The León Cathedral is a regional interpretation of different church building traditions.
The use of capitals and pediments hints to Greek and Roman influences. At the same time, the monument reflects the transition from Baroque towards new architectural and artistic expressions typical of the 19th century.
It is the largest Cathedral in Central America and, since 1531, one of the oldest dioceses in the Americas.
The León Cathedral was built between 1747 and 1814 in the regional Antigüeño Baroque style (originating in Antigua Guatemala). Because of the strength of its walls, it has survived earthquakes, volcanic eruptions of the Cerro Negro and wars.
Map of León CathedralLoad map
When the León Cathedral entered the List in 2011, many will have wondered “Do we really need another cathedral?”. After having now visited this Nicaraguan monument, my answer would be: “It’s different”. It’s essentially a Central American structure, not purely Spanish-colonial as so many others (although its construction was started during the late colonial years). Also, it’s a Single Monument that carries the weight of being a WHS on its own – not “just” as part of an inscribed city center.
León is Nicaragua’s second city in size. Its slogan is “Primera Capital de la Revolucion” – here’s where the demise of the Somoza regime started. León has been a Sandinista stronghold since. Right next to the cathedral survives a long political mural from the 1980s, painted jointly by German and Nicaraguan artists. The cathedral has been used for military purposes also in the insurrection of 1979.
The cathedral is León’s pride, and it stands impressively in the center of town. It’s so huge and there are so many turrets and domes on its roof, that it is a great landmark to find your way again when you’re lost somewhere in the city. They are in the process of repainting the whole structure. The facade is still a bit off-white, but the roof already has been rendered totally snow-white.
Visiting this Cathedral isn’t as straightforward as with other cathedrals and churches. Of course, the main body is open all the time, to give the local people space to pray and contemplate (and they do so in great numbers). Its interior isn’t exuberant or otherwise very remarkable. Two of the more interesting aspects can only be visited with a separate ticket: the roof and the cloister. Such a ticket can only be bought during limited opening hours (think: late start, long lunch, early leave) from a small kiosk at the back of the church across from the market.
The roof is accessed via another hard-to-find entrance. After climbing a flight of stairs, you’re requested to take off your shoes. They clearly want to keep the roof clean and white! The restored rooftop and bell tower are impressive. All of it is covered with stucco plaster, making it look like one big birthday cake.
Entrance to the cloister known as Patio del Principe involves another hurdle: the ticket lady told me I would find a “joven” (young person) in the main church, who would guide me to the Patio. There were lots of jovens inside of course, so I just waved my ticket. A girl approached me and said: “Go to the front of the church, there will be a girl sitting on a bench reading. She will be your guide.” (I now felt that I was on a secret mission). She went to get the key, and together we entered the Patio. After all the trouble, I found it a bit disappointing. The “typical Nicaraguan” aspects were lost on me.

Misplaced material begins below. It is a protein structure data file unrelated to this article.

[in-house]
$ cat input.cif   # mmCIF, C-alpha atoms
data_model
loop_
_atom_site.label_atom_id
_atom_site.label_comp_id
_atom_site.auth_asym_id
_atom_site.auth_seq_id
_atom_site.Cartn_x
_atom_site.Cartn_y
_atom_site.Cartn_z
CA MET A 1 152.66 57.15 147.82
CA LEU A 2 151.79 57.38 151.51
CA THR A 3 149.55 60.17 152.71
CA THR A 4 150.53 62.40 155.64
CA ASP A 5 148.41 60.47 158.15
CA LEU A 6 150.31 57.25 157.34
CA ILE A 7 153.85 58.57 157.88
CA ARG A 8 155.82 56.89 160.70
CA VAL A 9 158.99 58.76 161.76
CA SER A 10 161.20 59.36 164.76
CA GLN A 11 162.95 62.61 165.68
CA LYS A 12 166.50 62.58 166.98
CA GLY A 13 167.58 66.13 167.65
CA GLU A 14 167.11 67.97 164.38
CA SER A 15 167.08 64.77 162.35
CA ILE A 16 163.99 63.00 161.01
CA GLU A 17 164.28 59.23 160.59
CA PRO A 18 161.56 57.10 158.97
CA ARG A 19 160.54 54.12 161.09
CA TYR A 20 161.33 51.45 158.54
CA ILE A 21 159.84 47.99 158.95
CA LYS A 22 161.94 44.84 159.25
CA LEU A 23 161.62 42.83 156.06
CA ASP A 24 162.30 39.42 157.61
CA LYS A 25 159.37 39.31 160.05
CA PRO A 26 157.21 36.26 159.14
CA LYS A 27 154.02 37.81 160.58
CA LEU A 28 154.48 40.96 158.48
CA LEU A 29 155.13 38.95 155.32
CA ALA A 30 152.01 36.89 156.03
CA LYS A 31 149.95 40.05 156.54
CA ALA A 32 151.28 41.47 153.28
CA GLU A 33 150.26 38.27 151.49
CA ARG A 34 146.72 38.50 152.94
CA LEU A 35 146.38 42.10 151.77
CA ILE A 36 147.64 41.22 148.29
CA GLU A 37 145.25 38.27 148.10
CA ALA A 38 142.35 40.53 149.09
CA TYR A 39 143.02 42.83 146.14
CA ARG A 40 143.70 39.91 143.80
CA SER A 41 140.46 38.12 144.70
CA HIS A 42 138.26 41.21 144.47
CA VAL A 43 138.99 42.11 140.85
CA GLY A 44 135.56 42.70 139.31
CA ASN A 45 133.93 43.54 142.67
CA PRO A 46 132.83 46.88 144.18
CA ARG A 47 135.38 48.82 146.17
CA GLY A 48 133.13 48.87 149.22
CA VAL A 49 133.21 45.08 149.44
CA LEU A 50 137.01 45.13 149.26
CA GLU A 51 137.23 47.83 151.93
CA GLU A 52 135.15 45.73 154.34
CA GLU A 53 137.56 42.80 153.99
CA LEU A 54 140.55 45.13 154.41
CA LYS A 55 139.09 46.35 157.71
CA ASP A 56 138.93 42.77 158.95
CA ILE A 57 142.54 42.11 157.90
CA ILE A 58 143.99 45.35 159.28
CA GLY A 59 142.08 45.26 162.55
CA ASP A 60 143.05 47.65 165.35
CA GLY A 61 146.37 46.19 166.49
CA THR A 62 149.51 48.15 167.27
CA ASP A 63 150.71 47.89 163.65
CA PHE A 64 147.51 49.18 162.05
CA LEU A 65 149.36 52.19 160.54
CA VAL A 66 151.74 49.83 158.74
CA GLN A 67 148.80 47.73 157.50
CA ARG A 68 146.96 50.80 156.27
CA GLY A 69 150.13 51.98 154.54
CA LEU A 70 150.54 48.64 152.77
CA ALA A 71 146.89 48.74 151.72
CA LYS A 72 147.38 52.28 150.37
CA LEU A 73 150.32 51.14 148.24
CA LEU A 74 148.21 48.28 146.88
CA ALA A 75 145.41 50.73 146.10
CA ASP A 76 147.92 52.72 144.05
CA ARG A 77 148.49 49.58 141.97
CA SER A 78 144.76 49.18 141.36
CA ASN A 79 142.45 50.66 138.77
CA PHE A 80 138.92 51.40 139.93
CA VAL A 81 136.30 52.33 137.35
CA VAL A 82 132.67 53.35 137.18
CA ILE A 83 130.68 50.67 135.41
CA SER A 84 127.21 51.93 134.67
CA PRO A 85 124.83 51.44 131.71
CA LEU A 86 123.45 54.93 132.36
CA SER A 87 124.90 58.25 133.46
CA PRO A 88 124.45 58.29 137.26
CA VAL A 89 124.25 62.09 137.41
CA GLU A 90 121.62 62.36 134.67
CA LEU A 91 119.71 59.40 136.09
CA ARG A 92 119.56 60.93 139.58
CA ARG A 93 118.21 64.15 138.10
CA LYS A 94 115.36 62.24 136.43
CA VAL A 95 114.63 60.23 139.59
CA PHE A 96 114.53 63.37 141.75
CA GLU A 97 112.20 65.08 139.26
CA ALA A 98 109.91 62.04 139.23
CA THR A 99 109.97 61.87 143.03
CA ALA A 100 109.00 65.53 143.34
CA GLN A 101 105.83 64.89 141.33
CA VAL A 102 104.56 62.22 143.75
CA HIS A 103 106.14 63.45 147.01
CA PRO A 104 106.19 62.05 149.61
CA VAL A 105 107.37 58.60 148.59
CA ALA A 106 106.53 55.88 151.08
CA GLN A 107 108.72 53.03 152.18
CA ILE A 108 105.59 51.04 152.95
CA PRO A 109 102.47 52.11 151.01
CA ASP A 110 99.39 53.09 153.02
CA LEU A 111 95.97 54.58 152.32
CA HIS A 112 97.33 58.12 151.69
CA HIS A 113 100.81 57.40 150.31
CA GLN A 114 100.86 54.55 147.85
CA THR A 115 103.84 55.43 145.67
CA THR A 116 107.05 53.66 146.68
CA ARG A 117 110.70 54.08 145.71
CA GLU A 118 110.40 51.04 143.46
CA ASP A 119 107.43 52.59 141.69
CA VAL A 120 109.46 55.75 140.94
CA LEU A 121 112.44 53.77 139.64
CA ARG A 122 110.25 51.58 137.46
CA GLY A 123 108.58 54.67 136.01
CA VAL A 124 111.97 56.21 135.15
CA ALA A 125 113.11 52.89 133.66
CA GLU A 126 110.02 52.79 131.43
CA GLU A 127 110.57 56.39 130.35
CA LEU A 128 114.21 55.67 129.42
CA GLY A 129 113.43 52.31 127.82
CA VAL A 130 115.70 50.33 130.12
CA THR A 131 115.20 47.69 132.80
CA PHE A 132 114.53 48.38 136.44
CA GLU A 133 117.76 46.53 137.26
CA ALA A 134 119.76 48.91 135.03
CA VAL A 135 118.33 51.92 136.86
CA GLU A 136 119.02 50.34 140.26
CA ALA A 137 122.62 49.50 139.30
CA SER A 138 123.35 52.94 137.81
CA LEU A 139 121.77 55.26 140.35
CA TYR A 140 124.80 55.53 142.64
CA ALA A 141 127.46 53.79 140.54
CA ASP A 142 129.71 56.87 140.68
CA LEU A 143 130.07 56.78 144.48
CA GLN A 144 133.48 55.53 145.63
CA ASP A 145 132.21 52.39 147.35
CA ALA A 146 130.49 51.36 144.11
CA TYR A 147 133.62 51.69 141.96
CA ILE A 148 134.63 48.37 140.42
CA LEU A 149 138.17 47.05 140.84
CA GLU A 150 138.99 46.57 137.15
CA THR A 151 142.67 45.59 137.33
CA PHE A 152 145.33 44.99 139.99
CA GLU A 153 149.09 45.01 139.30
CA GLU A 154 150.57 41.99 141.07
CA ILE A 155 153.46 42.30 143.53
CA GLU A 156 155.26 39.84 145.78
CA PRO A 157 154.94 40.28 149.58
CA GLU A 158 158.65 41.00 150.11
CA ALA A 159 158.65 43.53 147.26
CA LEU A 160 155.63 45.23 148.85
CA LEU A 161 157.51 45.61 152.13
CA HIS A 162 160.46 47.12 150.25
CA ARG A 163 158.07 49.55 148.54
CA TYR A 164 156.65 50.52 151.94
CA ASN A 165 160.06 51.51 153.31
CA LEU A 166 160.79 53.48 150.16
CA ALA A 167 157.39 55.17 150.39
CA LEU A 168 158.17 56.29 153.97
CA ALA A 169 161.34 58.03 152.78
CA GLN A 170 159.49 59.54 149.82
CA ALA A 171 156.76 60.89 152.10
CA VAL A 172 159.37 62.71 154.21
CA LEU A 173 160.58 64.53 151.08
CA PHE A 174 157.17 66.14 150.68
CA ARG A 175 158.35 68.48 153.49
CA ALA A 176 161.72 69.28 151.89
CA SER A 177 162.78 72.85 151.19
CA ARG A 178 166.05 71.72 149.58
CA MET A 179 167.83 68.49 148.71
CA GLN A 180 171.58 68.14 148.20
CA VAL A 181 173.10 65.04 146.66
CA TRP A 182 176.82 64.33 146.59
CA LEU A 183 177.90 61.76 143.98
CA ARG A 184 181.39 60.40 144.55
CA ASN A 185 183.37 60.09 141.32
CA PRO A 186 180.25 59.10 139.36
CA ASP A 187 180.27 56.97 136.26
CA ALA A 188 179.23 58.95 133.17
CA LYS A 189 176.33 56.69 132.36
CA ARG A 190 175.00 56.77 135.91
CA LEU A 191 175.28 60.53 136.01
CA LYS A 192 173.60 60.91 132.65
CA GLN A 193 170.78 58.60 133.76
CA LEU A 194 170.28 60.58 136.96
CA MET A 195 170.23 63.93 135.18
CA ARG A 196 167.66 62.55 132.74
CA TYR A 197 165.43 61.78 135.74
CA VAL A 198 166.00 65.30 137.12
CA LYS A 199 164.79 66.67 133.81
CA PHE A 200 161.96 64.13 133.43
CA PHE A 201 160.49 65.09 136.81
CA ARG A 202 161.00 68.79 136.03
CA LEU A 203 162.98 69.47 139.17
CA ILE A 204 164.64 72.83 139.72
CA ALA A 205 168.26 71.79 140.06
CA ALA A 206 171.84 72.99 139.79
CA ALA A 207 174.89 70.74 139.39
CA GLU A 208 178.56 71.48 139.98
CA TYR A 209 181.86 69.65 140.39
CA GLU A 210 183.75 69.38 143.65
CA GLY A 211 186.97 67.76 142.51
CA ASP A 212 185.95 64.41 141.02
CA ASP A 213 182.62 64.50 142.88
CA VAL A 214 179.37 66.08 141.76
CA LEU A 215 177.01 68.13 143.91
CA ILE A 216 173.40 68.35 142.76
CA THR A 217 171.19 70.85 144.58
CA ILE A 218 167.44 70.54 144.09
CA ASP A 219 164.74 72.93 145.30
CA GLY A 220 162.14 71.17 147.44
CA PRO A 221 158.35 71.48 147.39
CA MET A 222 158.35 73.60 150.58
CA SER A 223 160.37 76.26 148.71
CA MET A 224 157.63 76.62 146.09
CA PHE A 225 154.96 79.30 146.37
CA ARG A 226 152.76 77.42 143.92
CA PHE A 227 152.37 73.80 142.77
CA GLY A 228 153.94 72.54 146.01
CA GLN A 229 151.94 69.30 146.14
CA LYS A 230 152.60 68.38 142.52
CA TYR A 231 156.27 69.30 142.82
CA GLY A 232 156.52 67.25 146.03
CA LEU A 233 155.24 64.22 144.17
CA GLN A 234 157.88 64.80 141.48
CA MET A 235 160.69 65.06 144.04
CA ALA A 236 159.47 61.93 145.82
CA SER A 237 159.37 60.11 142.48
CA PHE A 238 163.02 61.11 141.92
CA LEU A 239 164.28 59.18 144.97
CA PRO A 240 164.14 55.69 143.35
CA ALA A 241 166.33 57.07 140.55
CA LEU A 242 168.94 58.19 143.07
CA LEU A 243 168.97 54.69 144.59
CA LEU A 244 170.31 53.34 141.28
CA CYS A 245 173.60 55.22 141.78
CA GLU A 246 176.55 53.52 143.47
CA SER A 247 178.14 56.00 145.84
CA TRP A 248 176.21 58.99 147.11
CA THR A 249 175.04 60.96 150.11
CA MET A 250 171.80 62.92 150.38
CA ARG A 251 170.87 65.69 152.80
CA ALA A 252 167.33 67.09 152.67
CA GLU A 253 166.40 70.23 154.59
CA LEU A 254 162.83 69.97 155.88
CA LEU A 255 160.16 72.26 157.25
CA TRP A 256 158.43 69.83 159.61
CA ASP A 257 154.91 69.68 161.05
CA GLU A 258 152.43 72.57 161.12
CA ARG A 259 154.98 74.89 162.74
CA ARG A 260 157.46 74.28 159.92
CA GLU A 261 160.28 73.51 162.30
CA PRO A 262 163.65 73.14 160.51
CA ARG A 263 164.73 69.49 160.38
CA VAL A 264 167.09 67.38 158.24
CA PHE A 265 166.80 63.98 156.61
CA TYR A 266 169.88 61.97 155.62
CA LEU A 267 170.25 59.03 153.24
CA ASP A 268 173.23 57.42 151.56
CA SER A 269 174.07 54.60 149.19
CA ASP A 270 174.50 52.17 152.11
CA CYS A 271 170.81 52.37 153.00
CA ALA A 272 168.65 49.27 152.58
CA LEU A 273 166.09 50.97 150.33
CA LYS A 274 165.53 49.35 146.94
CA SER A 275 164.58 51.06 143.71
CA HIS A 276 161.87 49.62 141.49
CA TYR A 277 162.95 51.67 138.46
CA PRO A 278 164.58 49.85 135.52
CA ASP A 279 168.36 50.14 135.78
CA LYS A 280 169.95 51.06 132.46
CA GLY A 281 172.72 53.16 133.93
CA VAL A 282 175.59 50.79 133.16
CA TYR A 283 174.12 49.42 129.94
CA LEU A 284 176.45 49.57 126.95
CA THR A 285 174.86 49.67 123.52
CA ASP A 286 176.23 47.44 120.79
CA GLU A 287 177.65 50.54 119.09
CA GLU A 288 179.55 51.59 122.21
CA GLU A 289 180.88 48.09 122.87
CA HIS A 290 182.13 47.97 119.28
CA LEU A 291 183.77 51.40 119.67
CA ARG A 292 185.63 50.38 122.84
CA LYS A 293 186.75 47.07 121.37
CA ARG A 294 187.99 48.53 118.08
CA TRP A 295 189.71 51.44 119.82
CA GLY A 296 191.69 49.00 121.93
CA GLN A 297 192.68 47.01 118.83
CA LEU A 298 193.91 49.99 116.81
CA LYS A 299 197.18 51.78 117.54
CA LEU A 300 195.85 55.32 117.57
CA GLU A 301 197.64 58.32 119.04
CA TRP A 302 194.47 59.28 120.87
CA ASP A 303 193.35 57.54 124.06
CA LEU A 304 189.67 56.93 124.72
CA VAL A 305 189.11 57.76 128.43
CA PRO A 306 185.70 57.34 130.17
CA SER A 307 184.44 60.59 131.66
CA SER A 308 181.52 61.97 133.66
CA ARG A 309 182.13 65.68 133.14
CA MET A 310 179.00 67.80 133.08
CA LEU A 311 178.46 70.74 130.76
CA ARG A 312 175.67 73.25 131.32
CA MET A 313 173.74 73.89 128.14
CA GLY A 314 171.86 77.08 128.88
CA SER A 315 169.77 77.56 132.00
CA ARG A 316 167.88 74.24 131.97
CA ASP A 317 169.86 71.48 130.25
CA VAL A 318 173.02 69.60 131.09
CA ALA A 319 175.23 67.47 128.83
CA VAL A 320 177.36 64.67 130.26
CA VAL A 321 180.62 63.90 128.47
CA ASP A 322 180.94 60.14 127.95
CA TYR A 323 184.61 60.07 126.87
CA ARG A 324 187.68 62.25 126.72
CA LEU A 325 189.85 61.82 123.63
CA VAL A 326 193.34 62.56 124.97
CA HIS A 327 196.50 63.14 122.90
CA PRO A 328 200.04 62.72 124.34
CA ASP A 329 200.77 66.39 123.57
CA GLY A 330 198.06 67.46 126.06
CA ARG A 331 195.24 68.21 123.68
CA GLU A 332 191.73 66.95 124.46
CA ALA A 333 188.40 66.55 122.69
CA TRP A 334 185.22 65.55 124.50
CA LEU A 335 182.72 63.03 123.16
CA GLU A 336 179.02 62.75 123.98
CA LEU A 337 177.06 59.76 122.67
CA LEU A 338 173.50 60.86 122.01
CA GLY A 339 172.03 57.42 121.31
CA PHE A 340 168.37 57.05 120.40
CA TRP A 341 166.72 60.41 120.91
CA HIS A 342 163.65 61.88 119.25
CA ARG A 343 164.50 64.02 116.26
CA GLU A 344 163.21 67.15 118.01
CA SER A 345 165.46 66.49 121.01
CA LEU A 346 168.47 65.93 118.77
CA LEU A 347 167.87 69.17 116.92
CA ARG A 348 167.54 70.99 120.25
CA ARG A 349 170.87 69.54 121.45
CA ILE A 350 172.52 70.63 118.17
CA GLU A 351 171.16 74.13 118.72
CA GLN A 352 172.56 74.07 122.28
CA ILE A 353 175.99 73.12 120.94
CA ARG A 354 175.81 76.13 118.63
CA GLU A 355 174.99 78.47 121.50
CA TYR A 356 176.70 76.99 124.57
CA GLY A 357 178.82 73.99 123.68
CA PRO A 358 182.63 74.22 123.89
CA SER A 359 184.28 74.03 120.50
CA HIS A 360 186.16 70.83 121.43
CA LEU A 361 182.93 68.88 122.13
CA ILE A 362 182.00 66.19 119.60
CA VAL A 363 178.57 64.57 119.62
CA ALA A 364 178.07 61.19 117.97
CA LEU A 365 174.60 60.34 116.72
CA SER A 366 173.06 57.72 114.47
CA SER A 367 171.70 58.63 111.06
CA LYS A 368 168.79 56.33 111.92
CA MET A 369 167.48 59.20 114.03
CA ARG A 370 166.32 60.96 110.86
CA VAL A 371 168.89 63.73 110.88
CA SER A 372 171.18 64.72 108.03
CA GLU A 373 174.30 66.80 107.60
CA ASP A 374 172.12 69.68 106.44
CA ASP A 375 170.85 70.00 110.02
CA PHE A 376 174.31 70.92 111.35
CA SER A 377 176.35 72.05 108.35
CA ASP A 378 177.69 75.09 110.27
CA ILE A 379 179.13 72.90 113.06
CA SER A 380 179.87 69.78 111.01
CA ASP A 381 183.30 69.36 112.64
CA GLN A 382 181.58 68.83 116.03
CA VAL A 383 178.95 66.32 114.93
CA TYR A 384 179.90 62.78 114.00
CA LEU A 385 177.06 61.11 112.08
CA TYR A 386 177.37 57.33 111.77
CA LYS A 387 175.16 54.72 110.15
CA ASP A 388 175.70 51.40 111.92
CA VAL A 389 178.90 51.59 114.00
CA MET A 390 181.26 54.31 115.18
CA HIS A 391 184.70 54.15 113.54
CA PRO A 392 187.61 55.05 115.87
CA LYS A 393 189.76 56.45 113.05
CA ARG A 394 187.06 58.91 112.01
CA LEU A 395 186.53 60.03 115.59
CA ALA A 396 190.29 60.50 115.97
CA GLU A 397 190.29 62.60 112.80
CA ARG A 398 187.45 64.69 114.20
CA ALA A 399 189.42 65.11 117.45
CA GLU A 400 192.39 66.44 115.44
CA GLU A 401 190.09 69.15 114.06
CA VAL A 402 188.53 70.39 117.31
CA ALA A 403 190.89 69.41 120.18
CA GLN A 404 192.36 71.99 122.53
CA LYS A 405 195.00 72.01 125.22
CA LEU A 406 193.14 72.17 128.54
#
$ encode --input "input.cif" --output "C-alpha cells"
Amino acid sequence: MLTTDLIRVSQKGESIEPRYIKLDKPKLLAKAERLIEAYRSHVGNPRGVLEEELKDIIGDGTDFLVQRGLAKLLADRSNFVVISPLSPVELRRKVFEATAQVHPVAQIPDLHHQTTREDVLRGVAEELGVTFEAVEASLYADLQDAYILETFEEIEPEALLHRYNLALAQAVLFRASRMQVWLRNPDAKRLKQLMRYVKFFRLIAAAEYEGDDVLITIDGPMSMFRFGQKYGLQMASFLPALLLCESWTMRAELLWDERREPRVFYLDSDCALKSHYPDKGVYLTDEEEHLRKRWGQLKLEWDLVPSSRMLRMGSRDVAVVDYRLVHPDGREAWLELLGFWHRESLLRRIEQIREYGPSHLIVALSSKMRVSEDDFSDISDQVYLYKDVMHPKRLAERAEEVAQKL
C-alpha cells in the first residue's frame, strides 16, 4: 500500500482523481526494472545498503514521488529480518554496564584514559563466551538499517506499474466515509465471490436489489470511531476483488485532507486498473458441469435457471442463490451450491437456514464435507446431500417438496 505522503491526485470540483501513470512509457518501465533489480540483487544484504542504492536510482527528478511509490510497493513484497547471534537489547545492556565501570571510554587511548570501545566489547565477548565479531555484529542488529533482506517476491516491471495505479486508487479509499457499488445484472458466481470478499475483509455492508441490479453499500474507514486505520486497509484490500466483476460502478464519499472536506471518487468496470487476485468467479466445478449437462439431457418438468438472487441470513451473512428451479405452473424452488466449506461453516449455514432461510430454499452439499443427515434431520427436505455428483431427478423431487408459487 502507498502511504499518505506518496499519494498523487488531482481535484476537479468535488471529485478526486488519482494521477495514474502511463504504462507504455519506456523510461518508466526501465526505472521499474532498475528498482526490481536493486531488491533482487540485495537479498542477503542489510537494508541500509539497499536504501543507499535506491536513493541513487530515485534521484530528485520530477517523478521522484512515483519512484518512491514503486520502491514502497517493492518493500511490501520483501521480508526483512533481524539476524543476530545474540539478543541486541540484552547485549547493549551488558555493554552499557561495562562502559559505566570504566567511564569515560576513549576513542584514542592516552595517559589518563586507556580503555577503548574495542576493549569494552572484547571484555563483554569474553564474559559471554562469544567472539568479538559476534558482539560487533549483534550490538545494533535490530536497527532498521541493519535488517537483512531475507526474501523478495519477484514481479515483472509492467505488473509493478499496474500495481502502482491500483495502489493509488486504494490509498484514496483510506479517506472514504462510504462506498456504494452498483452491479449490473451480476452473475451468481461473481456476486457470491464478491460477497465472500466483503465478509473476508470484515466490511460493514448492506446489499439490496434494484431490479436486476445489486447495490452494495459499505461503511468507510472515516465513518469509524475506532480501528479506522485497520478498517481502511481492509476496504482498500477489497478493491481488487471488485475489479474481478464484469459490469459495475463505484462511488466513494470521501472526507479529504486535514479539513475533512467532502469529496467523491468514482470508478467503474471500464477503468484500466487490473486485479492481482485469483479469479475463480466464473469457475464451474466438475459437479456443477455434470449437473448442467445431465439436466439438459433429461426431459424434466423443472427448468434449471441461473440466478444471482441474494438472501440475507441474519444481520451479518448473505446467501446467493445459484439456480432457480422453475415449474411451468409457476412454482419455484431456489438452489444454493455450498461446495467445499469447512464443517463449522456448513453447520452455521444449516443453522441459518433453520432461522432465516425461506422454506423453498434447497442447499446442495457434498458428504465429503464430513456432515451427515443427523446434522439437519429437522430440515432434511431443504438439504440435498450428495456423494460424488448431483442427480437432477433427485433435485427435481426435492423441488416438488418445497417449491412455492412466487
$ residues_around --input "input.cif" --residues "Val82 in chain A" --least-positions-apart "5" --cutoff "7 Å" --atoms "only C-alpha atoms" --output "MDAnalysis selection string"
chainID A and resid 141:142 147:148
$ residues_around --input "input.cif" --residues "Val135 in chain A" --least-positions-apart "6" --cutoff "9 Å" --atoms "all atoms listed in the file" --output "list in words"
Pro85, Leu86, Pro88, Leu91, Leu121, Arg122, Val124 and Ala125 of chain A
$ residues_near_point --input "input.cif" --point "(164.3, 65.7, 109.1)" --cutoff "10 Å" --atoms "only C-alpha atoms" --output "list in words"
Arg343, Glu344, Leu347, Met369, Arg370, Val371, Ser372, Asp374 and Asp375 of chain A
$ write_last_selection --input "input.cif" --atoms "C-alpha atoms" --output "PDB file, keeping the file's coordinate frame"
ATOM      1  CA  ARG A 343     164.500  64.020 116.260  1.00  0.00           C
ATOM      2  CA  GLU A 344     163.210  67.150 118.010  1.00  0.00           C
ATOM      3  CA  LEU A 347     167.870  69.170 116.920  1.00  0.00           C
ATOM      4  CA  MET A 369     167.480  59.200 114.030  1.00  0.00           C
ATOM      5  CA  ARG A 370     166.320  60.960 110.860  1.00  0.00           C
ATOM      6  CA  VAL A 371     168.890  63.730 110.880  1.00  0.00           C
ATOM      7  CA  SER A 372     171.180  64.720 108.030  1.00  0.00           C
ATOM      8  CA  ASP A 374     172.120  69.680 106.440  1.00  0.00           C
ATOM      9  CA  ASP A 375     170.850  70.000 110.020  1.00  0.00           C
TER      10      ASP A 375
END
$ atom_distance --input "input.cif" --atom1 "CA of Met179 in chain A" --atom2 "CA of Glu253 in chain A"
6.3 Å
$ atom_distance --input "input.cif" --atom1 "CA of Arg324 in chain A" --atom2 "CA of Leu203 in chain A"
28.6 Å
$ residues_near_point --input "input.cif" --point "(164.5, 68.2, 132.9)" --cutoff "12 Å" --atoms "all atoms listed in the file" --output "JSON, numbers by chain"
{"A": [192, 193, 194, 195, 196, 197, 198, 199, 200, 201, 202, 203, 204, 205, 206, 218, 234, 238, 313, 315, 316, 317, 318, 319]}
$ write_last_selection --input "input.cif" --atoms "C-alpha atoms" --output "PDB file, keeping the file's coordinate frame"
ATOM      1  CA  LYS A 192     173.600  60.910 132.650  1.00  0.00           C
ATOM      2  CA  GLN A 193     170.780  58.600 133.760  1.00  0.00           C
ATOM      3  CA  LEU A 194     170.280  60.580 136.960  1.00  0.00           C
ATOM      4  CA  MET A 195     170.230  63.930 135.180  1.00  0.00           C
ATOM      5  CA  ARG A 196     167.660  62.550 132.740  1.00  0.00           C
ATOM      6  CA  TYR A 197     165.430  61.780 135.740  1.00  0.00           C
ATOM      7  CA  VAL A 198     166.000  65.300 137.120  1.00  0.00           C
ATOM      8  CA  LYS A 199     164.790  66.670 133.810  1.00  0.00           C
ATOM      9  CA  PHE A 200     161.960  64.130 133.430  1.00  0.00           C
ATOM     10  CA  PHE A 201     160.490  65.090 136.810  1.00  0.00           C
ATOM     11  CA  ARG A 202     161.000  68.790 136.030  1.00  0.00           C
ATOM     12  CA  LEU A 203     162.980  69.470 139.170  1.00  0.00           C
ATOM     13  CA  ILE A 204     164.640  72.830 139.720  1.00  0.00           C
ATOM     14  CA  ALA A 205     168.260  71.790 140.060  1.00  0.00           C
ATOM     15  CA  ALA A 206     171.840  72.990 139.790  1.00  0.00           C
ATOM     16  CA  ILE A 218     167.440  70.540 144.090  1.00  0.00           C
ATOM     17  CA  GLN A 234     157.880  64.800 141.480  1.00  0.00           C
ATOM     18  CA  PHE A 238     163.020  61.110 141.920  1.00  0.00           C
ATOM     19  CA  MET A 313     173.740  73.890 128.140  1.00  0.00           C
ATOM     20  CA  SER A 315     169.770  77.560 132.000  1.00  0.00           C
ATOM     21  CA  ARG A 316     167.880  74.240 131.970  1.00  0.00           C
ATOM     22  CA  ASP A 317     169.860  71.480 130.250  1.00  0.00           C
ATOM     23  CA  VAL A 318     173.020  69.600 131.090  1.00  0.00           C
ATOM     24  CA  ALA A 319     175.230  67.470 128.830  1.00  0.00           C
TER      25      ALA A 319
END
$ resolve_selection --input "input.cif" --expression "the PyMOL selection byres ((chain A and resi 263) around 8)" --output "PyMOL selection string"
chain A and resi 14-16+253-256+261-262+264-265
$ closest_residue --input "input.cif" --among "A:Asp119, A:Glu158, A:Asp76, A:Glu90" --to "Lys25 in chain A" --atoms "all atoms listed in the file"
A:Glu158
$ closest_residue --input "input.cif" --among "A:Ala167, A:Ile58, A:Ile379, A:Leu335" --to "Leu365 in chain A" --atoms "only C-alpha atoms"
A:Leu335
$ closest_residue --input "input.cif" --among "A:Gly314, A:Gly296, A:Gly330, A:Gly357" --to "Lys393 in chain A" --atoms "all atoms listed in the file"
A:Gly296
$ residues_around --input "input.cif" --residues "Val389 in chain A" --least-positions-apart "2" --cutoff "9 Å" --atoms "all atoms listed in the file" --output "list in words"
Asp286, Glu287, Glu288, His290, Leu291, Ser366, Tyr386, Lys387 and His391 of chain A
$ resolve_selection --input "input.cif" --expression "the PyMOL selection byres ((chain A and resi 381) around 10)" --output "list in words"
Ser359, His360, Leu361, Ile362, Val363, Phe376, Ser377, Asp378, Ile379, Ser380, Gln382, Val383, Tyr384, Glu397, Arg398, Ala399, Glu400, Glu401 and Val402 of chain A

The Cathedral also hosts El Cristo Negro de Pedrarias, possibly the oldest catholic image in the Americas. I looked for it during my visit, remembering it as being a painting and unsuccessfully asking the guide in the cathedral about it. While re-checking the nomination file later, I noticed it was a wooden statue instead. It was brought from Spain by Pedro Arias de Ávila himself in 1514: first to Panama, and later to Leon Viejo until 1610. So it’s one of those rare objects that moved from one WHS to another. The statue received a hit by a pirate’s saber in 1685, who wanted to be sure that it wasn’t made of precious metal.
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The cathedral, supposedly the largest in Central America, dominates the square and its massive walls are most impressive. Despite the citation's reference to natural light I found the interior dim and many of the paintings darkened by age. There are several other churches in Leon of note, though none approaches the size of the cathedral. The mix of styles may be more apparent to art historians than the casual visitor and those who have visited the silver and gold laden cathedral of Mexico City or the churches of Cuzco and Quito may be underwhelmed by the ornamentation of this cathedral.
The city of Leon itself is an interesting contrast to the more visited Granada, Leon's historical rival, in both its architecture and culture. (Unlike Granada, Leon was a battleground during the fight to oust Somoza in the 70s and there are many reminders of this struggle throughout the city.) It is well worth a visit.
There is frequent bus service from Managua and the ruins of Leon Viejo, another world heritage site are nearby as are some interesting "fumoroles" or steam vents from the nearby volcanoes.
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León is one of Nicaragua's 3 main cities. Its white domes provide an easy landmark to locate the cathedral from anywhere within the city.
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